This morning I was mowing the lawn. I had figured that was going to be my job for most of the summer since my husband has been recovering from his back issues–and heaven forbid he did anything to make it worse. Friday, he had the foresight to break his arm, as his back has been getting a lot better, and that really makes it difficult to get out of mowing. And may I add that if your ladder is situated in a way that you cannot reach what you are working on, MOVE it! Do not lean!
But, as I mowed away, I pondered the relationship between mowing and quilting. On many quilts, I have done sashing and cornerstones around the blocks. When I do this, I typically dislike doing a row of blocks, then a row of sashing+cornerstones, then a row of blocks (lather, rinse, repeat). My solution to this has always been to attach the blocks to the left and upper side of the blocks–an “L” Shaped corner on the blocks. After I have completed all the rows, I put them together, just adding the bottom and right row of sashing. It doesn’t eliminate any sewing, but I like doing it that way.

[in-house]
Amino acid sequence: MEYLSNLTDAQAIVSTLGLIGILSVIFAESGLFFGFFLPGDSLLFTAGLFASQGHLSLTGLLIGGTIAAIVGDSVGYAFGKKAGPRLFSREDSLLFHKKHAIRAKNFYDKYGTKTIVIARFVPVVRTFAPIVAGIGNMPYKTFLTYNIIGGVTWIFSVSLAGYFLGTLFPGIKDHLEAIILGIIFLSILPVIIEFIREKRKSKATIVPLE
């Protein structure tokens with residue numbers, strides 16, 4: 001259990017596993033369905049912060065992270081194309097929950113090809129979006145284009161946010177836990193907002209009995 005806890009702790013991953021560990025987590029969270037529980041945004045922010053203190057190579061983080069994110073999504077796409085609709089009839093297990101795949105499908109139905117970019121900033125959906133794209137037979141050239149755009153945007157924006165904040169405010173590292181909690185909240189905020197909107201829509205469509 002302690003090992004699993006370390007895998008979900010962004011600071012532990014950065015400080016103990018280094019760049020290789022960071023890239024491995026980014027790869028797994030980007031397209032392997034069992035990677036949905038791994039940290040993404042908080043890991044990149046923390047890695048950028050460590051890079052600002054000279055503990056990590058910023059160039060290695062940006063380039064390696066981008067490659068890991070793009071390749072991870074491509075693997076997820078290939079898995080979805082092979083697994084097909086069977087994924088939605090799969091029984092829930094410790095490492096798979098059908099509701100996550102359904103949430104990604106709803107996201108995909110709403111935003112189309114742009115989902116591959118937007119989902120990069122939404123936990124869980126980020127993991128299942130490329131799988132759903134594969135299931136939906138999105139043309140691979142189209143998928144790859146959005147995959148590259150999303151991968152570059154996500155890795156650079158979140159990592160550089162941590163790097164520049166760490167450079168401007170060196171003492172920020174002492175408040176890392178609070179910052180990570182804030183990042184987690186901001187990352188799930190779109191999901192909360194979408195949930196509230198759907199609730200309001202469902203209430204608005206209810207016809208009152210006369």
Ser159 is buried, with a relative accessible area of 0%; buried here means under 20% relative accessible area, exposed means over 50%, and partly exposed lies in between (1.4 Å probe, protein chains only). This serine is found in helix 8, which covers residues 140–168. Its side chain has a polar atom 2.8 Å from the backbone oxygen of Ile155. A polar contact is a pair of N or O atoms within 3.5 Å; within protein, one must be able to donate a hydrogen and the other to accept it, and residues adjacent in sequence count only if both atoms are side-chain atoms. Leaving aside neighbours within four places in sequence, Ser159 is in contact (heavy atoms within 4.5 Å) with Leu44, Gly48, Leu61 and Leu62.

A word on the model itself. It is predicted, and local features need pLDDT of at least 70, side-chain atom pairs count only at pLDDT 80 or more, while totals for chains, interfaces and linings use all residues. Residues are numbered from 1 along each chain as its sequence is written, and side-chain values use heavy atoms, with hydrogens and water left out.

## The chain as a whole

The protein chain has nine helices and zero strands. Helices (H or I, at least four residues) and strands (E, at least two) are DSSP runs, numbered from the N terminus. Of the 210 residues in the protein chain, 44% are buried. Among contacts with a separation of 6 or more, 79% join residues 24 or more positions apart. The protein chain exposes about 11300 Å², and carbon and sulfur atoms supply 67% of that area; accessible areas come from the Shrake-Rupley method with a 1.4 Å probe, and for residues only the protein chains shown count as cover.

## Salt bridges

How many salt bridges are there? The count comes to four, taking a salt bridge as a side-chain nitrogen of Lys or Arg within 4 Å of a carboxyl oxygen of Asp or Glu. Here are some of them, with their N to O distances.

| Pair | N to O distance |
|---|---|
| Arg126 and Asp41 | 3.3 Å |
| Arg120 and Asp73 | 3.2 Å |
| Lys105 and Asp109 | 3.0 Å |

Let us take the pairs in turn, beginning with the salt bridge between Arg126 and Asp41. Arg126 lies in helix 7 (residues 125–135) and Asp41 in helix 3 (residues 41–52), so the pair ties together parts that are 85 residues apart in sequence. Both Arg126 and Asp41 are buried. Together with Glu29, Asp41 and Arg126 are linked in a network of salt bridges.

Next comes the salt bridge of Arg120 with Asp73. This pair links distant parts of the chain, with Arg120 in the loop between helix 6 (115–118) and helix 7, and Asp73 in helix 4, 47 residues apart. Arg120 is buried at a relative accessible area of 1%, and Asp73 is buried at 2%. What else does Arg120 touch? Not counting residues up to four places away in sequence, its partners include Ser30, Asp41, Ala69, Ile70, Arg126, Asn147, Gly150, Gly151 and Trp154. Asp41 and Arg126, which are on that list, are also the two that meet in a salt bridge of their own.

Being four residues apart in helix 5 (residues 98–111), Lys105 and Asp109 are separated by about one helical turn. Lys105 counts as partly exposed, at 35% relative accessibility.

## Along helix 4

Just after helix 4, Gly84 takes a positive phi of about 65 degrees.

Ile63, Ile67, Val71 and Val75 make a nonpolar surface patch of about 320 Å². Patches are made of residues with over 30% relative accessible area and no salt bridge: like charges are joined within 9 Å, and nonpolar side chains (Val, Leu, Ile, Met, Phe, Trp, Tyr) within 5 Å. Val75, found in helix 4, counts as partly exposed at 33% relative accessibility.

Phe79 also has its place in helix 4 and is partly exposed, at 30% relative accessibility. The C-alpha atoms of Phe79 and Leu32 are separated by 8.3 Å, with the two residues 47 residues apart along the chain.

And as I mowed, I realized I have somewhat adopted the technique to mowing. Ah, you were wondering how I was going to link them together, weren’t you? Well, after I do one cut all the way around the yard to “edge”, I then pick the longest two sides of the yard and mow, turn down the next longest side, then turn back the way I came, mowing only the two longest sides. Of course I didn’t always do the two longest sides in an “L” shape. Many times, I’ve mowed the yard going round and round into a smaller and smaller square–or rectangle–and I find I spend a lot of extra steps on each turn. I think I end up turning less by doing the “L”.
So there’s three tips: move your ladder, sew your sashing to your blocks before assembling, and mow in an “L” shape.